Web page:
|Orcutt Ranch Park|
Orcutt Ranch Park has been one of my favorite Hidden Gardens since I was a child, it is rich with romantic rose gardens, iconic citrus groves, and ancient oak trees.
The park is a 24-acre remnant of a 210-acre cattle ranch established by William Warren Orcutt and his wife. Rancho Sombra del Roble or “ranch in the shade of the oak” was nestled along a stream in the northwest corner of the San Fernando Valley. In wet years the stream still flows. This prime location was probably inhabited by native peoples prior to the mission era. Legend has it that the adobe to build the bricks for the San Fernando Mission came from just up the canyon west of the ranch.
Orcutt was a wealthy oil executive in the early boom days of California oil drilling. He and his wife retired to their ranch and lived out the rest of their lives here. In doing so, they protected a slice of California history, including a majestic oak glen. The Orcutt home, now used for events, is modest and classically southwestern. The park was registered as a Historical-Cultural Monument in 1965.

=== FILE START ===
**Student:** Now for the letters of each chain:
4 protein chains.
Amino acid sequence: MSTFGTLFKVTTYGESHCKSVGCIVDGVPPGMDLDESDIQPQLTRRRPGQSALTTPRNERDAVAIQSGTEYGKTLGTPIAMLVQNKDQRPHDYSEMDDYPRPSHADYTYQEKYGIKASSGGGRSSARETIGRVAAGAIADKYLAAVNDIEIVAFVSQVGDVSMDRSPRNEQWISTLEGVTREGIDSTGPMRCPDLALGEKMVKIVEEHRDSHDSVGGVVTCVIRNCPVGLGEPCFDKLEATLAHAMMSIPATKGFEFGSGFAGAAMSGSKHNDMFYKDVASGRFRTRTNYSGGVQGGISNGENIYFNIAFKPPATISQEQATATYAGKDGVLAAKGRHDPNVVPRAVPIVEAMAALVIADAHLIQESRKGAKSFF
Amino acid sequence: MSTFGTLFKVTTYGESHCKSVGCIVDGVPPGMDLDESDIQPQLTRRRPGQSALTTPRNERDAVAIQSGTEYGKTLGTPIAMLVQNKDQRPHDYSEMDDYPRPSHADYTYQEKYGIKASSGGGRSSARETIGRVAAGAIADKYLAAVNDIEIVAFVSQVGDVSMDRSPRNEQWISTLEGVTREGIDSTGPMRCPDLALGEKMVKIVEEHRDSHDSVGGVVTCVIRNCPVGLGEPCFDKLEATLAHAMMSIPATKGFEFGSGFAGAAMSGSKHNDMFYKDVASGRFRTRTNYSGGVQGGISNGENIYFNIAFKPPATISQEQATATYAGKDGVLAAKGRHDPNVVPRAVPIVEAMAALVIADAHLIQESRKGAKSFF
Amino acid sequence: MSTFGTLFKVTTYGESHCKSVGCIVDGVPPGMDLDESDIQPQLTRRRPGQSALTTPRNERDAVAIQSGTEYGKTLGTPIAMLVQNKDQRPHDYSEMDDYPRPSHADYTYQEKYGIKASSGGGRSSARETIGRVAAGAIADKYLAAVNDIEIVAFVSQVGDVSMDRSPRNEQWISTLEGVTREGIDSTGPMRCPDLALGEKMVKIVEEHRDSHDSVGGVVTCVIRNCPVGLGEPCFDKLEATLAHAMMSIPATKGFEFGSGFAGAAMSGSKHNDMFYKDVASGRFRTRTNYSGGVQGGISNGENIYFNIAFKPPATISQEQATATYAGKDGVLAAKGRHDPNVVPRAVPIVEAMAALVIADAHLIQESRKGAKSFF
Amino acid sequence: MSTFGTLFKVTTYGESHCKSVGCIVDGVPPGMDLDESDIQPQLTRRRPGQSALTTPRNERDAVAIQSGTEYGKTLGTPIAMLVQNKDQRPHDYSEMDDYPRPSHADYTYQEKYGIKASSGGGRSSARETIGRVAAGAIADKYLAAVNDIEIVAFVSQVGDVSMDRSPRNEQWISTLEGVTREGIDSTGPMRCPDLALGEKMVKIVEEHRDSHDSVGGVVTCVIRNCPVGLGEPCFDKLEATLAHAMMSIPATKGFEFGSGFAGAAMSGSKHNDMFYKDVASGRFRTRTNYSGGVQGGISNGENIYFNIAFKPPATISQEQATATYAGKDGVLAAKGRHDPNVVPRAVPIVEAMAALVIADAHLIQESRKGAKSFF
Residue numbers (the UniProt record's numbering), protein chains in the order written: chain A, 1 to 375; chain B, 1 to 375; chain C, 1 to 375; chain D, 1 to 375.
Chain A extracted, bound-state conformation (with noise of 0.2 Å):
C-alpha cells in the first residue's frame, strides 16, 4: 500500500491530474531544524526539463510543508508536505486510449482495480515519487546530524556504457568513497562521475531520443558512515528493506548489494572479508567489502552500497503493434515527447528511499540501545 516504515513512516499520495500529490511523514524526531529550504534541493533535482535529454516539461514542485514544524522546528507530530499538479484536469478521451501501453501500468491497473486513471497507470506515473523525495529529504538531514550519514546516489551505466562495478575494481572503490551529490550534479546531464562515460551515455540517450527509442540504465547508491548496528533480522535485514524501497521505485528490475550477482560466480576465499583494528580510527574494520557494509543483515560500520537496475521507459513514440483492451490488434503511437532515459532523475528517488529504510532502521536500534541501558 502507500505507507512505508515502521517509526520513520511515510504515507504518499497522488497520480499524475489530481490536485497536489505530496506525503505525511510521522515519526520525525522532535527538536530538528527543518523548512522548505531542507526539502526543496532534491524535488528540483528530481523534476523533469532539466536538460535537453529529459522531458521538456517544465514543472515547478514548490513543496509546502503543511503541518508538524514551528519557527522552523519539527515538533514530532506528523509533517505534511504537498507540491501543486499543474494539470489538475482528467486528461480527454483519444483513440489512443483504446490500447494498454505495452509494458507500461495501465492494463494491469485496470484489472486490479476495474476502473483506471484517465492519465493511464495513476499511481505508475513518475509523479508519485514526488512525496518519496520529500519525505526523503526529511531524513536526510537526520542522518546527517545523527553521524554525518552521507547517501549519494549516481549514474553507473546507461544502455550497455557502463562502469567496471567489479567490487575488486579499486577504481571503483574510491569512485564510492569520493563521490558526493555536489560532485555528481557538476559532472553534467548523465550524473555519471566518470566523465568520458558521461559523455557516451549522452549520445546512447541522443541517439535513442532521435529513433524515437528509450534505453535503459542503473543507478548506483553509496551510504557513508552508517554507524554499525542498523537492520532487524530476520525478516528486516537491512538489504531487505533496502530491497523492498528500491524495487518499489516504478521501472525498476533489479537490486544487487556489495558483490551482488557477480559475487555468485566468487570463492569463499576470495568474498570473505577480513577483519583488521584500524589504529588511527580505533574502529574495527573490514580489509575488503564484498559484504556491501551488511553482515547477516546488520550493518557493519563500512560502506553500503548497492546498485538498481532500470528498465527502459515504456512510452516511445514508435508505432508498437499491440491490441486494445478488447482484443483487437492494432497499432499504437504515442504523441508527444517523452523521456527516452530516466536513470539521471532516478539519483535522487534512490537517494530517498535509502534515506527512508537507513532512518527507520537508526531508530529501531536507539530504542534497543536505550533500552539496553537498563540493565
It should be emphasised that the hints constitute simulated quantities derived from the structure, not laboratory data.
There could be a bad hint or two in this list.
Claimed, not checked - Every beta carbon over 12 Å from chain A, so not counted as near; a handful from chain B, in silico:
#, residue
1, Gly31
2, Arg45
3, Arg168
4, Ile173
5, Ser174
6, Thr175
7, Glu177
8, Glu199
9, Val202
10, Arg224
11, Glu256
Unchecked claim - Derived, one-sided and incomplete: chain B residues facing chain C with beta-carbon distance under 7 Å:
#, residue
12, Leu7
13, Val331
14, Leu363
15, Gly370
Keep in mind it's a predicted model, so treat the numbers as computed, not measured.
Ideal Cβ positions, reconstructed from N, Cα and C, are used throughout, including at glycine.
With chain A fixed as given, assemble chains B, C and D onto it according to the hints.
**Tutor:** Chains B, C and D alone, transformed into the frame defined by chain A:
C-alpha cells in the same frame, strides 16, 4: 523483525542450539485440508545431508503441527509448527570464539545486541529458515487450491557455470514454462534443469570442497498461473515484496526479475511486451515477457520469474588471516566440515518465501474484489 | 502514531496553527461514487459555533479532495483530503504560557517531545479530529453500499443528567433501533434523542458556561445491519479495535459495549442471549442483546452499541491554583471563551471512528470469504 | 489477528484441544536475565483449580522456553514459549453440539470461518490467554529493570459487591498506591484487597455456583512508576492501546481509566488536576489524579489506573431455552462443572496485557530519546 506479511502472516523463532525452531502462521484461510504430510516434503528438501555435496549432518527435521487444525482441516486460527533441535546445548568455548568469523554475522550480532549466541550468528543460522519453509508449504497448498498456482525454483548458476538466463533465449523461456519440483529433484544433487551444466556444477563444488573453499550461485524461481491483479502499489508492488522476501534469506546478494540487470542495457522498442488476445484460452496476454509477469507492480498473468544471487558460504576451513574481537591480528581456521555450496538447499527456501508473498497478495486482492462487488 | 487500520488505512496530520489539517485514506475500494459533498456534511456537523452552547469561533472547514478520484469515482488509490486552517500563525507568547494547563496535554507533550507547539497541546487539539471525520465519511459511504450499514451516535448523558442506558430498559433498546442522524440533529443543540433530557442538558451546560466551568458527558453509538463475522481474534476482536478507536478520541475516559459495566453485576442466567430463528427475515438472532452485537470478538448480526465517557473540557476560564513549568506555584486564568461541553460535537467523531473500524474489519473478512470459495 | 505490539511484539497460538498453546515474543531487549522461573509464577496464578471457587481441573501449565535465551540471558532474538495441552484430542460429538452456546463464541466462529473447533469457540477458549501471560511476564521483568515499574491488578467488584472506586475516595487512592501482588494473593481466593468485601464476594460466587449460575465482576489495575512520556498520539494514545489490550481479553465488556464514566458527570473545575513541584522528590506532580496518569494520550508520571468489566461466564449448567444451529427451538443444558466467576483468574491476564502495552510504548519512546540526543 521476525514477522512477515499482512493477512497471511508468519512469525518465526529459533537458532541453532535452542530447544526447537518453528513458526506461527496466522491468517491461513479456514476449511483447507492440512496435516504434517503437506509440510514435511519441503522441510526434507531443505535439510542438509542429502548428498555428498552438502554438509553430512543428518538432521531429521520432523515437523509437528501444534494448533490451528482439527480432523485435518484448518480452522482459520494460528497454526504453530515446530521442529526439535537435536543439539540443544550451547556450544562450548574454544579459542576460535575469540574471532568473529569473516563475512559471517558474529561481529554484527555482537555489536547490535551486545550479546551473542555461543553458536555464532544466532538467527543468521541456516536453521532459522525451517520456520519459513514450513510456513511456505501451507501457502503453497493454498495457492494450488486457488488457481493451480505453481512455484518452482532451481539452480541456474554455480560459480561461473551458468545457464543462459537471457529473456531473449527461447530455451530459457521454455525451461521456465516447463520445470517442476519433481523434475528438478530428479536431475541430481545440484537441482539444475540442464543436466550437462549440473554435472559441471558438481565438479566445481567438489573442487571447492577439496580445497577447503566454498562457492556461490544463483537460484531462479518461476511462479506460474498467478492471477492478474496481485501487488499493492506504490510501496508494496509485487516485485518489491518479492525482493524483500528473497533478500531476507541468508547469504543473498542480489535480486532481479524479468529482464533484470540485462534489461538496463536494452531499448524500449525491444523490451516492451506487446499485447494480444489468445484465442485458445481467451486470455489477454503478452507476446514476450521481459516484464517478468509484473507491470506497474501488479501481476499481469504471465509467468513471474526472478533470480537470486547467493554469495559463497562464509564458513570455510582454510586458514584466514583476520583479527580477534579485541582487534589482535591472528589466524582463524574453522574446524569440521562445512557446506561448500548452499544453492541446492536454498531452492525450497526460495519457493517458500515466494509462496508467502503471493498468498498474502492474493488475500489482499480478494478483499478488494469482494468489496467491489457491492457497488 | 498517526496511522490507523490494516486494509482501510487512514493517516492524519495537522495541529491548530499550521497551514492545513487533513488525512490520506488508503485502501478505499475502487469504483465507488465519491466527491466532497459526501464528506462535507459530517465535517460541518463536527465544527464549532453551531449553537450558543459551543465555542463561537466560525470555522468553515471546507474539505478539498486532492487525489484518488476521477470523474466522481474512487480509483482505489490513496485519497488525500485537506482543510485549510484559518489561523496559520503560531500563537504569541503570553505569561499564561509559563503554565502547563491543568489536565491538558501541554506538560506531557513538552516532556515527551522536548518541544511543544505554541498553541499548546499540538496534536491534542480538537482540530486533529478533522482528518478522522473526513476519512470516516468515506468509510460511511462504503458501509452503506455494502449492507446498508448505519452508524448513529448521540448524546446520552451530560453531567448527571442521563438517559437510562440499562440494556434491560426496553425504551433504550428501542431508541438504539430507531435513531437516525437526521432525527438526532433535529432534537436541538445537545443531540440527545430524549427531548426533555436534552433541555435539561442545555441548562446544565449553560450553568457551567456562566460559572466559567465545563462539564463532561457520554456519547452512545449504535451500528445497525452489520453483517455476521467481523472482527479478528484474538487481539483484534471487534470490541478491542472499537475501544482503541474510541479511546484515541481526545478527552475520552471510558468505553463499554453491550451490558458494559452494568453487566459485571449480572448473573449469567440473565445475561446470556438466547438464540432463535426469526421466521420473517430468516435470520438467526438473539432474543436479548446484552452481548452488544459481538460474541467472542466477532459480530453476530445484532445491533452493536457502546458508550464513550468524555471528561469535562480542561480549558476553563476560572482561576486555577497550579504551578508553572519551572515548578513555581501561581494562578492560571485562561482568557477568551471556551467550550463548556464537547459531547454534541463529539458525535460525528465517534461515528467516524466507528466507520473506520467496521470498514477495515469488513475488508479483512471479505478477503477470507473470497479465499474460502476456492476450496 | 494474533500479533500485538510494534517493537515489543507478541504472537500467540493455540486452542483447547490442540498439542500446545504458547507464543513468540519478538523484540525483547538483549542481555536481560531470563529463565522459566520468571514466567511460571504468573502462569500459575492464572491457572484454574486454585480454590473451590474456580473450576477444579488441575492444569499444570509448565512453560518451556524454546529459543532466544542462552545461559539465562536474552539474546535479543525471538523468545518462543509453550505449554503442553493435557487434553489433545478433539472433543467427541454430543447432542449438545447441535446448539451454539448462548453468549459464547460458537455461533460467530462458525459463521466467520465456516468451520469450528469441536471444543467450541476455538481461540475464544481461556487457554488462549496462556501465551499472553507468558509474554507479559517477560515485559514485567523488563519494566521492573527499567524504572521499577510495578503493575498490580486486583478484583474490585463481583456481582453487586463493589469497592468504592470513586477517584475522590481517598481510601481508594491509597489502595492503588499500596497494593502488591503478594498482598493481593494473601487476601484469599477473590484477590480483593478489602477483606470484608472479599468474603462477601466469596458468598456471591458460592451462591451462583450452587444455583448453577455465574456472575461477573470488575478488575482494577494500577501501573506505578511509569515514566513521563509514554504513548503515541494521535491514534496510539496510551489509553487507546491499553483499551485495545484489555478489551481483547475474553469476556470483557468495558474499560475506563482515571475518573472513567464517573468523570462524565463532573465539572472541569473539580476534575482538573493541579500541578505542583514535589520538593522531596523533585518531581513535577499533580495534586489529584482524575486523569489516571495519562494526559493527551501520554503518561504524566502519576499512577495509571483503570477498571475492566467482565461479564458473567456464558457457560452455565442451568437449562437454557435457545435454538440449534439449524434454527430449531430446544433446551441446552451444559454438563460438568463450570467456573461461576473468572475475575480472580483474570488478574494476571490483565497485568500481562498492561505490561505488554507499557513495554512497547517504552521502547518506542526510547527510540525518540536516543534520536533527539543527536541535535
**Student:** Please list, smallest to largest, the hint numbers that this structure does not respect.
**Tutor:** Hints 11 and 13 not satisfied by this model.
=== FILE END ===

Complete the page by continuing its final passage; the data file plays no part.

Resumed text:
- Adobe ranch house built in 1926
- Ancient oak trees, including the Bicentennial Oak; a coast live oak (Quercus agrifolia) believed to be over 700 years old. (Massive branches were cut off of this tree to stoke the kilns that created the limestone ash for use in making the bricks and mortar for Mission San Fernando.)
- Rose garden & citrus orchards
- Variety of birds and butterflies (Including California towhee, Bewick's wren, and red-shouldered hawk; mourning cloaks and swallowtails)
Special Opportunities: Public fruit harvesting (oranges and grapefruit) on specific dates in Feb. and June.
- Open - Daily, Sunrise to Sunset; Free to the public
- Parking - Plenty
- Restrooms - Yes
- Kid Friendly - Absolutely, a wonderful place to explore
- Accessibility - Many pathways are wheelchair friendly, but unpaved
- Dogs - Welcome on a leash, watch for coyotes and rattlesnakes
- Restrictions - Expect some closure of the house area and rose garden on weekends due to the large number of weddings performed here. The house is typically not open to the public.
For More Information: http://www.laparks.org/dos/horticulture/orcuttranch.htm
Visit us every week to watch more at: TheEarthMinute.com